I first became aware of Judge Bao, the Song dynasty magistrate, in the 90s. I was one of the musicians in a Beijing Opera Judge Bao performance, part of an intensive months-long training program at the University of Hawaii at Manoa. I was able to work firsthand with professional teachers from China. It was a great experience, but to be honest, what struck me at the time was just how incredibly loud Chinese percussion instruments are. As a plucked-string player, I had to sit right in front of them. I’d been exposed to loud before, but this was one of the loudest, perhaps (along with Kathakali and Stevie Ray Vaughn) one of the top three loudest things I’ve ever experienced.
Recently, however, I’ve experienced good nostalgia. I’ve come across several Judge Bao stories, and what’s striking is the various ways these stories are presented. For those who want to stick to the more novel-oriented experience, there’s ‘Tales of Magistrate Bao and His Valiant Lieutenants’. This is a translation of an 1879 Chinese novel derived from the oral narrative attributed to the Qing storyteller Shi Yukum. Similarly, ‘The Seven Heroes and Five Gallants’ is another novel about Judge Bao and his men who solve crimes, rescue maidens and pretty much seek justice anywhere and everywhere.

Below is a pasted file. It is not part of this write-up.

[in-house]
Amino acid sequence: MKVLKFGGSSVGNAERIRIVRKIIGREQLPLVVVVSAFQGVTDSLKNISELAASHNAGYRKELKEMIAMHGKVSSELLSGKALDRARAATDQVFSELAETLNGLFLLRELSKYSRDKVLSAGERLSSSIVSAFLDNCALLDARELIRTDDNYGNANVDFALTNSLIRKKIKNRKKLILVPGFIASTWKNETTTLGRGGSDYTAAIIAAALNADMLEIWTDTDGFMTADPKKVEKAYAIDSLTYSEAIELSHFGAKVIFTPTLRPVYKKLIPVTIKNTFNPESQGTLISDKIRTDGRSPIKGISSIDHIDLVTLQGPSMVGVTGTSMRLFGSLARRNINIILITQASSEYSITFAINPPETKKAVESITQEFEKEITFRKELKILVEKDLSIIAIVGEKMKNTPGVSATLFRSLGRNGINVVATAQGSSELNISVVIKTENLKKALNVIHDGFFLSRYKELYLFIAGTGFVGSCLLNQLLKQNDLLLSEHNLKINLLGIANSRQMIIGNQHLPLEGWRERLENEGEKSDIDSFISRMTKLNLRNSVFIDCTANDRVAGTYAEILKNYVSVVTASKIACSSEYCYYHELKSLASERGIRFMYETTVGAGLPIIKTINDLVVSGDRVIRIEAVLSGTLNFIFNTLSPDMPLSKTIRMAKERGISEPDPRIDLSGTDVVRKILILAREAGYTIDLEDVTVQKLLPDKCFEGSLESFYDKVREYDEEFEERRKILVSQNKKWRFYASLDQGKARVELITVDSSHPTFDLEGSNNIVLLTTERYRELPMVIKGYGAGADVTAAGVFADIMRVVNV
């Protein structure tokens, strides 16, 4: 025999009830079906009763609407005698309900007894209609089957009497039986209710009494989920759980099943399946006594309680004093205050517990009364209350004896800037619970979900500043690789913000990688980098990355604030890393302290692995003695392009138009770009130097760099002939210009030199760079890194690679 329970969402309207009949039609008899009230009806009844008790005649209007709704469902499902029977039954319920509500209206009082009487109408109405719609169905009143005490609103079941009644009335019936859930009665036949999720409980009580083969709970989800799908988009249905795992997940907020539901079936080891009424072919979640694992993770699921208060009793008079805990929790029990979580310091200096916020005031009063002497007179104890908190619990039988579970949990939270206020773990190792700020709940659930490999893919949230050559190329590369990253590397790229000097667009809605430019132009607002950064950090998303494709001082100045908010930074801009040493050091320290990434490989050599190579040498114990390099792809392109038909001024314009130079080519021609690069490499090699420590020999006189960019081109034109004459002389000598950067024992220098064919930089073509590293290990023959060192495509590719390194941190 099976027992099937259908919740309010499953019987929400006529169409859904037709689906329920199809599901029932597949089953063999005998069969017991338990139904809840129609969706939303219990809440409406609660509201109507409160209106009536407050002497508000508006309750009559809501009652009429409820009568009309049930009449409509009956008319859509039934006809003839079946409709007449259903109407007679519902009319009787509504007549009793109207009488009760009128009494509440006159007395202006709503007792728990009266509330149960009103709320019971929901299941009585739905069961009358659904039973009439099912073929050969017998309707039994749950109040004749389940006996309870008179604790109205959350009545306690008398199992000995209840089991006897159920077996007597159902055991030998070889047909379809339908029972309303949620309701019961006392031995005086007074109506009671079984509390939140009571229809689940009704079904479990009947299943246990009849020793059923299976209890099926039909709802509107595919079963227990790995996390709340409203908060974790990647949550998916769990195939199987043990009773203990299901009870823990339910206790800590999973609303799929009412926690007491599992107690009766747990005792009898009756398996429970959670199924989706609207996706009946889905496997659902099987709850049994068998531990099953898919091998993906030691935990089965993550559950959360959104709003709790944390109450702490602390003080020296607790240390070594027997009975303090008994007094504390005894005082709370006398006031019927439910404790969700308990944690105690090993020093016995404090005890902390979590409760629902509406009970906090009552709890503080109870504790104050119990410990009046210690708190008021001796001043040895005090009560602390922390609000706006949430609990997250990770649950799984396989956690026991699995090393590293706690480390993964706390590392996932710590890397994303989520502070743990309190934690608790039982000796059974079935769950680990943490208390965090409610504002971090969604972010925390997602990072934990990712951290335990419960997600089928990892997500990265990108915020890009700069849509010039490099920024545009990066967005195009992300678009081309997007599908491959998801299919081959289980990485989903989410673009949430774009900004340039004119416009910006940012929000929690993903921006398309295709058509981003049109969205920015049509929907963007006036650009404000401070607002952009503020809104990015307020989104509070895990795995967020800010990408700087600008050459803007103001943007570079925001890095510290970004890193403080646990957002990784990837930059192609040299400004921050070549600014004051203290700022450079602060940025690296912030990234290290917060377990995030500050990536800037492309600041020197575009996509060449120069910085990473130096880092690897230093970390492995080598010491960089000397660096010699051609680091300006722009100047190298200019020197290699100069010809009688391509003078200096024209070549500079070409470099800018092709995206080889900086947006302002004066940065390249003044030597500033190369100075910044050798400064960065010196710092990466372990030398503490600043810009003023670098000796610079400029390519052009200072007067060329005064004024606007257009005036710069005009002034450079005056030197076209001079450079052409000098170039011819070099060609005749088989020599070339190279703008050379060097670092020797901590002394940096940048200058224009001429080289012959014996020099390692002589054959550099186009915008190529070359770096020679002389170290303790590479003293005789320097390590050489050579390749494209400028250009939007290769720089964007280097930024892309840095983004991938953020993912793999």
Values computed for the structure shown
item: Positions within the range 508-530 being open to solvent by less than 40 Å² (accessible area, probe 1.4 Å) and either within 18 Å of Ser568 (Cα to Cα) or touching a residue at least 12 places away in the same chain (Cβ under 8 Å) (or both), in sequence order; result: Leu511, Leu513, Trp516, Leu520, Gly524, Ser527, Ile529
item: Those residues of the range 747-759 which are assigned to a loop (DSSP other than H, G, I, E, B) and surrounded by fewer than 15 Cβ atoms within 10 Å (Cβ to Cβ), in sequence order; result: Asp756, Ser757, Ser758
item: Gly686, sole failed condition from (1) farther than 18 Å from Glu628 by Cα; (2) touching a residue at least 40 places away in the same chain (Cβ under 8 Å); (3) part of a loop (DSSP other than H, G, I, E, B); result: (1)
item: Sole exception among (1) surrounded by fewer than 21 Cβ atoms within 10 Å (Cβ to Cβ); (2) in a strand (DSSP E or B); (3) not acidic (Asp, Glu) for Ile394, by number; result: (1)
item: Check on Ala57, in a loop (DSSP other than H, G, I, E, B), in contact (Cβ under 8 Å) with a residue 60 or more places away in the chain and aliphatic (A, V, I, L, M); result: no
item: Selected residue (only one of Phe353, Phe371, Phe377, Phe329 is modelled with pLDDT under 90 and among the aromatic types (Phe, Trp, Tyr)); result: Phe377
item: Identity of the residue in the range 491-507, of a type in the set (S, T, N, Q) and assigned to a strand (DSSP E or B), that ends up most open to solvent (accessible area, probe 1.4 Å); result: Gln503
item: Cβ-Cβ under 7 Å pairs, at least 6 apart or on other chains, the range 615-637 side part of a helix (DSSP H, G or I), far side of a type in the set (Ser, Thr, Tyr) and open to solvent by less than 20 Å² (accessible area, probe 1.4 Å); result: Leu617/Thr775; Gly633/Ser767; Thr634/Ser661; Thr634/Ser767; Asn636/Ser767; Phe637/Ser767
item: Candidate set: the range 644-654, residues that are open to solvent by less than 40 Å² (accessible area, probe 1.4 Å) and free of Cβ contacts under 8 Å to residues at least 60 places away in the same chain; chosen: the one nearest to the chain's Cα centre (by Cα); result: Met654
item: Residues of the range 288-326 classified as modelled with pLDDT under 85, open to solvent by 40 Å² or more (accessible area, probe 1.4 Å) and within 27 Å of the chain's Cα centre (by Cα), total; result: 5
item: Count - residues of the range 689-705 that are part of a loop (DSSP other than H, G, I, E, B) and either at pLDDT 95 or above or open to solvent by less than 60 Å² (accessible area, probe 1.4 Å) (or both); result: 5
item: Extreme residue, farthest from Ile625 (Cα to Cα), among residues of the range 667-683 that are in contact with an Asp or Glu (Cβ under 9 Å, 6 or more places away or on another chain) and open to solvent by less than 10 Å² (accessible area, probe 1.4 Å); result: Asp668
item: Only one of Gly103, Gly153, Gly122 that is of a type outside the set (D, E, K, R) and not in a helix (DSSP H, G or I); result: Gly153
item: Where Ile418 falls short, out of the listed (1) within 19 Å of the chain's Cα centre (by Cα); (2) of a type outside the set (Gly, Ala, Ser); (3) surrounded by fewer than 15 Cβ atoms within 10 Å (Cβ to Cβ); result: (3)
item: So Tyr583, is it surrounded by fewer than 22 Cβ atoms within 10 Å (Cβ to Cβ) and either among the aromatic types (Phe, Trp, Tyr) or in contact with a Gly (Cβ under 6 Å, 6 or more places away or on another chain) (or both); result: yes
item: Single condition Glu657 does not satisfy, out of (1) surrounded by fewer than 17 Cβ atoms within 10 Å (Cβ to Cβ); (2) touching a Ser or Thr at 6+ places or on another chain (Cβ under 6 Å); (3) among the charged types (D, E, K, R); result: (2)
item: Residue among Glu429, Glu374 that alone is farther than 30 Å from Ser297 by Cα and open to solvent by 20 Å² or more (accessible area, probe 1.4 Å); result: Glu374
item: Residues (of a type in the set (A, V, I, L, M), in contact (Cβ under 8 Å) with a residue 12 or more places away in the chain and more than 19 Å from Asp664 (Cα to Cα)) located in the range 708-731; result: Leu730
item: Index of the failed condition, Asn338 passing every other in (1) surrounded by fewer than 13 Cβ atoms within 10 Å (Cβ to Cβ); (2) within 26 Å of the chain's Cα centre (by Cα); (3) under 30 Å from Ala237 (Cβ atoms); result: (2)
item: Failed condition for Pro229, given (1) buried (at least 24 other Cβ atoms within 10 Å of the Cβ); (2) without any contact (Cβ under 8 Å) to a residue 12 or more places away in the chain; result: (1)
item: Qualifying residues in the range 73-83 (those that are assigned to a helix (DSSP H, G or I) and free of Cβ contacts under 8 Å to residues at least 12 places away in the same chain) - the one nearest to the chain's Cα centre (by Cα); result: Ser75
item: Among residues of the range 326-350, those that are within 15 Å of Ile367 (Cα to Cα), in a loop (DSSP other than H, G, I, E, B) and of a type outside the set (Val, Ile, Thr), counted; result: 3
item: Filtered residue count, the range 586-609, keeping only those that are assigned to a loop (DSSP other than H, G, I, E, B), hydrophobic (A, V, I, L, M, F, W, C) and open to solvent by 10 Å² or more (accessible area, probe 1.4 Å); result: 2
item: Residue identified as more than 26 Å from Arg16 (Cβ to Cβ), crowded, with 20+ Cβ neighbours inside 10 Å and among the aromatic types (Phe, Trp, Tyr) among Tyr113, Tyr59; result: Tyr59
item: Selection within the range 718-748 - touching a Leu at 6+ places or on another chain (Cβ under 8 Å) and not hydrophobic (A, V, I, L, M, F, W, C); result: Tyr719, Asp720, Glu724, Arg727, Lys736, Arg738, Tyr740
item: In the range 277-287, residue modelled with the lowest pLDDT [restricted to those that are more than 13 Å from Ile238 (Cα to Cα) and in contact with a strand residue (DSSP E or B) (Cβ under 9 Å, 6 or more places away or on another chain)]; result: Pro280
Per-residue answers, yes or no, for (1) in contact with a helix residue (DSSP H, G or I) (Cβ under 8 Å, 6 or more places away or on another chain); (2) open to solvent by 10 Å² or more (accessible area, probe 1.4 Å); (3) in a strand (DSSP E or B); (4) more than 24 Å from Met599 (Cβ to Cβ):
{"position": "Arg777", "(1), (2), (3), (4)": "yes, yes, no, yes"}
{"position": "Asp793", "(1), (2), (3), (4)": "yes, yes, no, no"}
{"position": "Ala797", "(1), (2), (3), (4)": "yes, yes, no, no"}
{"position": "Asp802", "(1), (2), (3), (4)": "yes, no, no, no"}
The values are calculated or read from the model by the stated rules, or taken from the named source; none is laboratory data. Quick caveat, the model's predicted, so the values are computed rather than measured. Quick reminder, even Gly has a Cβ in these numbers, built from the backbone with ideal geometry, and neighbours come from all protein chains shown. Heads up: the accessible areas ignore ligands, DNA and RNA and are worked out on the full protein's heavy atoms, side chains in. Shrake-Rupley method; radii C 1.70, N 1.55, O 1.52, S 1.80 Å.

Closer to the source (and therefor of much more interest, at least to me) is ‘Judge Bao and the Rule of Law’, a series of eight ballad-stories on Judge Bao, dating from the period 1250-1450. These ballad-stories, the oral narratives on which later novels were based, are more straightforward, the experience more distinct, like reading Robin Hood ballads as opposed to movie tie-ins. There’s also an early Chinese play ‘Rescriptor-in-Waiting Bao Thrice Investigates the Butterfly Dream’ in the collection ‘Monks, Bandits, Lovers, and Immortals’.
Another way to experience Judge Bao is ‘Judge Bao and the Jade Phoenix’, a graphic novel of his adventures. It’s important to keep your standards high when choosing a graphic novel to read, and this one looks to be quality work.
Finally, in the movie/TV section, there’s ‘Judge Bao’ and ‘The Return of Judge Bao.’ There are many more, no doubt. My guess is that watching these would be roughly analogous to watching Chinese versions of ‘Bonanza’, but I could be wrong. I hope to find a subtitled jingju (Beijing Opera) video, but if there are any out there, I haven’t come across them yet.
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